When college professor Ellie McKay walks into the Maverick Bar in Farmington, New Mexico, late one evening, she plans to get drunk, not engaged. But within thirty minutes, she’s met cowboy Al Robison, he’s proposed to her, and she’s accepted. Al only knows that Ellie is attractive, vulnerable, and single; he doesn’t know that she has been on the run for weeks from a sociopath who killed her surgeon boyfriend in Pennsylvania and raped and tortured her.
Reeling from the ordeal and deeply scarred emotionally and physically, Ellie flees first to Paris, where she seeks refuge in the bottle. Then, coming to her senses, she returns to Pittsburgh to resume her life and her career, believing she will be safe there. When that proves untrue, she takes to the road, no longer caring much what happens to her.
Ellie’s escape route leads her to Santa Fe and then north to Farmington, where Al seems the safest bet. When she says yes to Al’s proposal, she knows only that he is a local rancher. She doesn’t know about Al’s own dark past, and she doesn’t tell him that her heart belongs to Doug Hansen, the detective who originally investigated the case.
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About the Author
Jill Kelly is a writer, visual artist, creativity coach, and freelance editor. A long-time college professor of literature, she has been writing and publishing since 2002. Her memoir, Sober Truths: The Making of an Honest Woman, was a finalist for the prestigious Oregon Book Award. When she’s not offering creativity workshops and leading writing retreats around the country, she’s usually in her studio, where she creates deep-color pastels. This is her second novel and first thriller. Jill resides in Portland, Oregon.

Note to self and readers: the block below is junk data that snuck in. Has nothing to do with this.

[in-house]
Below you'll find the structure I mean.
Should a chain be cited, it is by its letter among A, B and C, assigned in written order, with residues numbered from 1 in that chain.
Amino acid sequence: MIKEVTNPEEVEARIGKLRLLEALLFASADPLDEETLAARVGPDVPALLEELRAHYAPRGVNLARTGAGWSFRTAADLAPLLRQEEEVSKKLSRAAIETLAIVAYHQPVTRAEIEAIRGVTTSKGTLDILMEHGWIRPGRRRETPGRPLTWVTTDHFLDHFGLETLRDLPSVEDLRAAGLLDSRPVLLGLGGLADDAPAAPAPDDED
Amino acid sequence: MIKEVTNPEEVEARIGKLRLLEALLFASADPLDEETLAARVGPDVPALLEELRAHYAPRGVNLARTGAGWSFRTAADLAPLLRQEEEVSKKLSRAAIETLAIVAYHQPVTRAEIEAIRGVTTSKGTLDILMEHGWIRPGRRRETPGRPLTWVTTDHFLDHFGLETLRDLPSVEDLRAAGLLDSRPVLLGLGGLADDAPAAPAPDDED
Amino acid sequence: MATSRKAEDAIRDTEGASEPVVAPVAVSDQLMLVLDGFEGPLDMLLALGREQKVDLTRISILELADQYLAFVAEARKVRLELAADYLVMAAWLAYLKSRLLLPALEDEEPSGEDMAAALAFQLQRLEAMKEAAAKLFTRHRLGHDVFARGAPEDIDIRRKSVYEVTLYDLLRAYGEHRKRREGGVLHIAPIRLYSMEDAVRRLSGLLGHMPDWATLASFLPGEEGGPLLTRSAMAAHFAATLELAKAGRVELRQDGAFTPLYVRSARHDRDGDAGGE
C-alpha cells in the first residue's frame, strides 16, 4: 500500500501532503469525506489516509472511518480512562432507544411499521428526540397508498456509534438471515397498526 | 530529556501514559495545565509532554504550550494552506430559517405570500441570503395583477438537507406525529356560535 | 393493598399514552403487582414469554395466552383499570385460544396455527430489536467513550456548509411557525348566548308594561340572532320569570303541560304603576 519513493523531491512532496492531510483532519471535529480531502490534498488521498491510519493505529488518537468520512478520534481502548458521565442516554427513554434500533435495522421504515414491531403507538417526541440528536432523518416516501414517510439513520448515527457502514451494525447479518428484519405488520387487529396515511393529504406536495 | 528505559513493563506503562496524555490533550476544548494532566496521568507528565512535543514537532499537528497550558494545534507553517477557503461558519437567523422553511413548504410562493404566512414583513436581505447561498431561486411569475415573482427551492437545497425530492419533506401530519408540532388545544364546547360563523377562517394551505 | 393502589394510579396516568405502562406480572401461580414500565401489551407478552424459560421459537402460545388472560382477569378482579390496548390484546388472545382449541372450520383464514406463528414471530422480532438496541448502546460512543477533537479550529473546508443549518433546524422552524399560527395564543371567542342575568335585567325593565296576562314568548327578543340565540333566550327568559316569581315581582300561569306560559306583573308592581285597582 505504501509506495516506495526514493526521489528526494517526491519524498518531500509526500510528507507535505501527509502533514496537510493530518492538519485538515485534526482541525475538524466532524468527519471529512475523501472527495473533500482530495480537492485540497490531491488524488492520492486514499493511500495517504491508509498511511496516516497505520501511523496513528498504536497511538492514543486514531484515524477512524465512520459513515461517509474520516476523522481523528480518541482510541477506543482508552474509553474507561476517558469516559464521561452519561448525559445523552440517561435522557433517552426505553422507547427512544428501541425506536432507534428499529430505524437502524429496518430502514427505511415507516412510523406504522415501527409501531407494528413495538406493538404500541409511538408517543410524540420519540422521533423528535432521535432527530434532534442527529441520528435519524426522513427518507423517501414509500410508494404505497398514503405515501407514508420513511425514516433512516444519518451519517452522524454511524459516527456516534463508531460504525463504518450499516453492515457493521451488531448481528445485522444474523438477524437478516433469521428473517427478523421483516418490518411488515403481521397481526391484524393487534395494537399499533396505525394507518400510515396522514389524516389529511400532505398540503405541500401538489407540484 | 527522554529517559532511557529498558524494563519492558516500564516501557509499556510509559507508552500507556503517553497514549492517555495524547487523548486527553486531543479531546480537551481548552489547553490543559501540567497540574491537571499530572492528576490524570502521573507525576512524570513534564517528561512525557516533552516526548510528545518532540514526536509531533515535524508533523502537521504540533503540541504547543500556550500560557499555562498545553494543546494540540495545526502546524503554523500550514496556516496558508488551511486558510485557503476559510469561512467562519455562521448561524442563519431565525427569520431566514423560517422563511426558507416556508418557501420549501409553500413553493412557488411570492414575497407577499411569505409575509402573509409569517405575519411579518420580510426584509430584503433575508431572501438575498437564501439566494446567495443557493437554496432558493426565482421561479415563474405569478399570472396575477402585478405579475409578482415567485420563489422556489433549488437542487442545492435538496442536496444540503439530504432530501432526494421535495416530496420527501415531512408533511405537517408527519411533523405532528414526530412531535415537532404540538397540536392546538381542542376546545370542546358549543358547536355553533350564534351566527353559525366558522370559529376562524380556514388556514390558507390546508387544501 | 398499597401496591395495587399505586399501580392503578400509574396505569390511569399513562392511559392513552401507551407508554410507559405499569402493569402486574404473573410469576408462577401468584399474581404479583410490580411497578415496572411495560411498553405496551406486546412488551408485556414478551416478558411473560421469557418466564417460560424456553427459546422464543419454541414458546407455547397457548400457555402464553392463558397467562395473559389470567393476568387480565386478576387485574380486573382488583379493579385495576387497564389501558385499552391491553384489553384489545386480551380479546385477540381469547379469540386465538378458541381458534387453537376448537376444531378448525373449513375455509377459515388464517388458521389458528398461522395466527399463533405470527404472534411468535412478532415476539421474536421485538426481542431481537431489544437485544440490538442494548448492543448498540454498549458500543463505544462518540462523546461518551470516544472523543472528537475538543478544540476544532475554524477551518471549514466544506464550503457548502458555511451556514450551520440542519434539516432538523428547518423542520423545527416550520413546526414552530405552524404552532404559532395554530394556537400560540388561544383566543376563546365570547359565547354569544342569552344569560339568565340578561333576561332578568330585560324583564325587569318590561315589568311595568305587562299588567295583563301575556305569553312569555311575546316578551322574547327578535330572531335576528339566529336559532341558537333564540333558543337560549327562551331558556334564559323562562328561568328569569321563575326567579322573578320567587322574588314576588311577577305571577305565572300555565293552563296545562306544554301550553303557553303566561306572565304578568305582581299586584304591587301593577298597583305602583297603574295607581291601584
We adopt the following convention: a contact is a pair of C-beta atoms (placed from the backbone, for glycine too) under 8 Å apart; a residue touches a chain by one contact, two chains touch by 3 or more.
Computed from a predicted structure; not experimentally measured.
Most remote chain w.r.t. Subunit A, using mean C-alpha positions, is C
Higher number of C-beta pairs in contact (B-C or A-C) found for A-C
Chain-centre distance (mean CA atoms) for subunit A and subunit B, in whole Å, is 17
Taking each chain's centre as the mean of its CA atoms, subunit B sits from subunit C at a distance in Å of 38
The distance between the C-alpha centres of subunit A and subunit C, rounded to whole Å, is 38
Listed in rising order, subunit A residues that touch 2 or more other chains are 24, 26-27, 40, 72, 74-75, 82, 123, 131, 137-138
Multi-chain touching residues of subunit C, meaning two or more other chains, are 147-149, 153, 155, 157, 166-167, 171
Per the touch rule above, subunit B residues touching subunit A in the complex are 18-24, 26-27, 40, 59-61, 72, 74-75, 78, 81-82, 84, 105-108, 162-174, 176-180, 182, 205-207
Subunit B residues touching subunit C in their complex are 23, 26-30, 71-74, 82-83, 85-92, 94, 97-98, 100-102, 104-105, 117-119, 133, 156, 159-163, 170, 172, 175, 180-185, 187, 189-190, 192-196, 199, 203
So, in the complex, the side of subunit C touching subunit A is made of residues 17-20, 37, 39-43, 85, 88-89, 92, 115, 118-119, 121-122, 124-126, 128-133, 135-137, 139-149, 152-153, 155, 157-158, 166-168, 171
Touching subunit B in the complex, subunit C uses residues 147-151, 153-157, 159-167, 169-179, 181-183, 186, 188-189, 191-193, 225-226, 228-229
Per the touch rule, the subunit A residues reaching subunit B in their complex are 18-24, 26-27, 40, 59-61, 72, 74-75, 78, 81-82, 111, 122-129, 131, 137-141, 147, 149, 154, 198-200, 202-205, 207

Read an Excerpt
Ellie McKay walked into the Maverick Bar about nine-thirty. The sun had set hours earlier, but the sky remained light to the west in the crisp September air. She'd been driving since mid-afternoon, and she was ready to get drunk.
She took a room at the Bide — a — While motel. The ambiance and the price had nothing to do with her choice. It was the convenient location of the Maverick, just down the street. She hadn't seen a grocery store or a liquor store on her way into Farmington, and she didn't want to drive anymore. Besides, she was tired of being alone.
Some nights she tried restaurants — the kind with a cocktail lounge that will bring a double rye on the rocks a couple of times without looking askance. But tonight it was too late to eat, too late to be hungry. She had promised herself that she wouldn't get drunk in the bar. The blackouts were unpredictable and she wanted to choose what happened. She wanted to face the end, if it was coming her way, with her eyes wide open. She just wanted a good buzz, some way to really slow down so that she could sleep and not dream of Joel and the hotel room. She wanted to drink to feel all right again and to feel loose enough to ask for a bottle that would carry her through the night with maybe a bit left over to start the next day.
When you've got one bag, it doesn't take long to unload the car, and by this time, she never unpacked — just showered off the road and put on clean underwear and walked on down to the tavern. There had been rain earlier in the day and the neon flashed in the puddles that remained: Coors Light, Coors Light, Coors Light. She noted with relief the half dozen pickups parked in front of the Maverick. Bars were easier if they weren't too crowded. Men got rowdy in crowds; they got mean.